Dengue fever is a severe, crippling illness spread by mosquitoes caused by any one of four closely related dengue viruses.
As it has been deemed a national concern, dengue is not a recent occurrence in Nepal. Every year, a portion of the national budget is allocated to finance nationwide campaigns. But the issue has persisted, and the infection rate rises yearly. Infected individuals may experience mild flu-like symptoms or severe sickness. A higher risk of death arises when severe dengue is not appropriately treated.
In Nepal, dengue has been reported in all weather and climatic conditions. Most cases have been found in hot climates or factories where stagnant water can pool, providing ideal hatching conditions for mosquitoes that spread dengue.
The Epidemiology and Disease Control Division (EDCD) reports that dengue-infected individuals have been identified in 61 districts this year. More than 1,100 people have been infected with dengue between mid-January and the end of July. But nobody has died as of yet. Until a month ago, Lalitpur was the only place where the disease was more prevalent, but by this point, dozens of cases had now been documented in Kathmandu. This indicates that a dengue outbreak is currently raging in the Kathmandu valley.
Many persons may not exhibit any symptoms or indicators of dengue illness. Symptoms typically start four to ten days after being bitten by an infected mosquito and may be mistaken for other ailments, like the flu.
Dengue fever causes a high fever of 104o F (40o C) and any of the below illustrated symptoms:
- Muscle, bone, or joint pain
- Pain behind the eyes
- Swollen glands
- Rash (During dengue fever, red spots also develop on the body)
There can be speedy development of severe dengue fever warning signs, a life-threatening emergency. The warning signs, which may include the following, may appear within the first day or two after your fever has dropped.
- Severe stomach ache
- Continual vomiting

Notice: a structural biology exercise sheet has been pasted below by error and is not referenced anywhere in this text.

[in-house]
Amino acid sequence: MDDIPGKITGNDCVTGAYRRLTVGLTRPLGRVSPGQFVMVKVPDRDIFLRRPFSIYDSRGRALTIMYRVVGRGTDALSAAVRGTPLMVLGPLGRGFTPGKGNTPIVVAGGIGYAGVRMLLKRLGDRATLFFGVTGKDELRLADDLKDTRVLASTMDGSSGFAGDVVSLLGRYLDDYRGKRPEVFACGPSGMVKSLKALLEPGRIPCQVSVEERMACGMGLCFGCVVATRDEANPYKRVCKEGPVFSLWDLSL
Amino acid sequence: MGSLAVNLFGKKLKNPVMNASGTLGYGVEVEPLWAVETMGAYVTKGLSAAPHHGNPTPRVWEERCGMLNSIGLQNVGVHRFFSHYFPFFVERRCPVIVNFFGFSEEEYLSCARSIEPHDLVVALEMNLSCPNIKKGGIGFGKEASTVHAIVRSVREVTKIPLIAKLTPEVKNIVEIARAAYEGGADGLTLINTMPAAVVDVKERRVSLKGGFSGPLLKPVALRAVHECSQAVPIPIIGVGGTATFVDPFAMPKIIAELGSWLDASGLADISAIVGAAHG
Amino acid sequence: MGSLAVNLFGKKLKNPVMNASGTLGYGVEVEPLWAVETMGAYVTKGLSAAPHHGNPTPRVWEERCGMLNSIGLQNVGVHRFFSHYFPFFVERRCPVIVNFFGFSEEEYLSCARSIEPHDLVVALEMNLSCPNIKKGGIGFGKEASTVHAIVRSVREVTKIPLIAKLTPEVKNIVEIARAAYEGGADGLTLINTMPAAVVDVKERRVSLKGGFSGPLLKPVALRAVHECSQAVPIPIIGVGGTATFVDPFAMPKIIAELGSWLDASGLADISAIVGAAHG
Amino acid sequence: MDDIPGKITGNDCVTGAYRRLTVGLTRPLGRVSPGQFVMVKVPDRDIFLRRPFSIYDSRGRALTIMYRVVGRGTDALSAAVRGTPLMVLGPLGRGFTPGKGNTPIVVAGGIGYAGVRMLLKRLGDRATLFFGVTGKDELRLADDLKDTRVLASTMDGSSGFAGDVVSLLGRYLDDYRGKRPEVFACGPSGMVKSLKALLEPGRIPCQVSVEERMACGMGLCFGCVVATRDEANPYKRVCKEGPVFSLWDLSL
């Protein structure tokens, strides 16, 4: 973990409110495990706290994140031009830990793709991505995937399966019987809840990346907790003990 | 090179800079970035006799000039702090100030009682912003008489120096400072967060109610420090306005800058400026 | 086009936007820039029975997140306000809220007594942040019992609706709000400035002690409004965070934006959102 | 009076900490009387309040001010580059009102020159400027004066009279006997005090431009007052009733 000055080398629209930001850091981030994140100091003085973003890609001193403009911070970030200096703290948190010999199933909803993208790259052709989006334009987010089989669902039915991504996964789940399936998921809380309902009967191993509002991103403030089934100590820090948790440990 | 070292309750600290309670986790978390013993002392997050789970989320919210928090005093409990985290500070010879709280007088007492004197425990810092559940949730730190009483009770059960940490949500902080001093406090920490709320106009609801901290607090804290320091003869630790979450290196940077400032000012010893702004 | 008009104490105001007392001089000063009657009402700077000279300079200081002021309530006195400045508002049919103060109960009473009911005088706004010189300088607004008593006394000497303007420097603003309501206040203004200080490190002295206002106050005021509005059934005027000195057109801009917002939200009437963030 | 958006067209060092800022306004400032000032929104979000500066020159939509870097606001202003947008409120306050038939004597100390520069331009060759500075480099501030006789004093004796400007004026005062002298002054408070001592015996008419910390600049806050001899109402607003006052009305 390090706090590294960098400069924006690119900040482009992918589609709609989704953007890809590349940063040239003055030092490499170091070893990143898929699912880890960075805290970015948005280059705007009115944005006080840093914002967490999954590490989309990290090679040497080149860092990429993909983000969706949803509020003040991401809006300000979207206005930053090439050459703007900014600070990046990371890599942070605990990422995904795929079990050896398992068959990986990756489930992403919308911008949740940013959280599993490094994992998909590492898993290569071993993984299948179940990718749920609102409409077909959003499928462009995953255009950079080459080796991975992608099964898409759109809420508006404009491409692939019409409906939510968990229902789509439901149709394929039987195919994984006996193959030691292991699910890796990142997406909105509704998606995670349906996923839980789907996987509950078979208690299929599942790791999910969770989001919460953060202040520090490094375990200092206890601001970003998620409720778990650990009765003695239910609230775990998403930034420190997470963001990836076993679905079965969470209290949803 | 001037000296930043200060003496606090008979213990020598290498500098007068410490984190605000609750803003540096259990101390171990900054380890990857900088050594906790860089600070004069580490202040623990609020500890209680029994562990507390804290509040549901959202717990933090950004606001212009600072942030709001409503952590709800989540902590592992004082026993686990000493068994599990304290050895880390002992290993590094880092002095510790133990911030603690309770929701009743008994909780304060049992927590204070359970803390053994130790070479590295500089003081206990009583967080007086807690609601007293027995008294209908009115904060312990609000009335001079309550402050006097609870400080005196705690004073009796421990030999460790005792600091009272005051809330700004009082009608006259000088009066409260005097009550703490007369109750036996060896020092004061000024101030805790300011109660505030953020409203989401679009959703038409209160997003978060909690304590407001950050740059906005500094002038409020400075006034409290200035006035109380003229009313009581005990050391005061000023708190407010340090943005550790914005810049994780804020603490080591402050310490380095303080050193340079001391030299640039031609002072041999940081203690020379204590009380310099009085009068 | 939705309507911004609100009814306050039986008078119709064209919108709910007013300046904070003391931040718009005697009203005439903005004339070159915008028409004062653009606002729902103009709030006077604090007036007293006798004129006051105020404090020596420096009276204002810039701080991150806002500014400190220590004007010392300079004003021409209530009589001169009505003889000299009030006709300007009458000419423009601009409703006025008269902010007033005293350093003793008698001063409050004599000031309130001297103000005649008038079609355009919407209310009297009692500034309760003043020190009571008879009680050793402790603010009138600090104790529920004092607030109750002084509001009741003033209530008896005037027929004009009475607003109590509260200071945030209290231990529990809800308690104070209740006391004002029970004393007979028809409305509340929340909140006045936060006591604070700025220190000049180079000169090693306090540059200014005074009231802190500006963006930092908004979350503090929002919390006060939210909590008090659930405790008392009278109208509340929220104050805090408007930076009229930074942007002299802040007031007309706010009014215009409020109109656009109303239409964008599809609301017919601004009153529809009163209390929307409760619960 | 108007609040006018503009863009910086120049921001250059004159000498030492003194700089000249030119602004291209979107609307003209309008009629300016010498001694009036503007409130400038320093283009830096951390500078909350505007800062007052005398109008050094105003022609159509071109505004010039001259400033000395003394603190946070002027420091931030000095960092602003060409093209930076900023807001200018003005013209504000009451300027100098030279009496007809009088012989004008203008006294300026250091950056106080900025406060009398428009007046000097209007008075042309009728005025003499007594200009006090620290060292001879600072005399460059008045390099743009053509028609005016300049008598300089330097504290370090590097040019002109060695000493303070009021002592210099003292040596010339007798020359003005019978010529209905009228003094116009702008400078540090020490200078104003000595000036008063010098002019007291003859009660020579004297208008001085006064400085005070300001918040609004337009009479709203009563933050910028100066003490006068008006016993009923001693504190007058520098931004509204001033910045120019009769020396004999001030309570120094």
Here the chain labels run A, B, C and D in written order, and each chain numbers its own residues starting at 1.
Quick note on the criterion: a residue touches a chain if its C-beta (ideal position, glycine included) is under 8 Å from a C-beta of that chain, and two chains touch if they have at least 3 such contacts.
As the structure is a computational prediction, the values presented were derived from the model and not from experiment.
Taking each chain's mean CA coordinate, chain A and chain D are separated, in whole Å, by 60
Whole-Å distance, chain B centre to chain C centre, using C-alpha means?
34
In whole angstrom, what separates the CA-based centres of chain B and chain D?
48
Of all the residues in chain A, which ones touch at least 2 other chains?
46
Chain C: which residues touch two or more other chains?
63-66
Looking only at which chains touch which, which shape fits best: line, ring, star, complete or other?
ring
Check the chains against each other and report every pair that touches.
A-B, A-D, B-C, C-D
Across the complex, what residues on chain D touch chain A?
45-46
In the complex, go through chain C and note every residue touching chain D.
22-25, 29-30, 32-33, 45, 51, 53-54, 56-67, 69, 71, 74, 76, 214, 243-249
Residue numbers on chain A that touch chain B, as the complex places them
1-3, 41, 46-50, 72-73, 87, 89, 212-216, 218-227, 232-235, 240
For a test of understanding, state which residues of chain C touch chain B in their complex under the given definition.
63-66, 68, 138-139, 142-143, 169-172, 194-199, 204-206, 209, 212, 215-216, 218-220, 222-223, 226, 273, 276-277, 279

- Bleeding from the nose or gums
- Having blood in your feces, urine, or vomit
- Under-the-skin bleeding that may resemble bruises
- Difficult or rapid breathing
- Easily irritated or restless
Causes and Treatments
Aedes aegypti mosquito bites during the daytime are the primary means of transmission for dengue, which is brought on by four different virus serotypes (DENV-1, DENV-2, DENV-3, and DENV-4.). Patients exposed to one virus serotype are susceptible to several infections because they are not immune to the other three.
Dengue is a severe, incapacitating illness spread by mosquitoes that are brought on by any one of four closely related dengue viruses. The viruses that cause yellow fever and the West Nile virus are related to these viruses.
A blood test to screen for the virus can help doctors identify dengue infection. Since viruses cannot be treated with drugs, there is no cure for dengue. Doctors advise using paracetamol to reduce fever, alleviate pain, and drink plenty of fluids. Internal bleeding can occur in more severe dengue cases, which may necessitate hospitalization.
Avoiding mosquito bites is the best approach to avoid contracting the illness, primarily if you reside in or are visiting a tropical region. This effectively includes precautions and works to reduce the mosquito population.
Supportive care such as fever reducers and painkillers can be taken to control the symptoms of muscle aches, pains, and fever.
- Acetaminophen or paracetamol works well for treating these symptoms.
- Avoid NSAIDs (non-steroidal anti-inflammatory drugs), which include aspirin and ibuprofen. Since these anti-inflammatory medications thin the blood, they may worsen the prognosis in conditions where hemorrhage is a danger.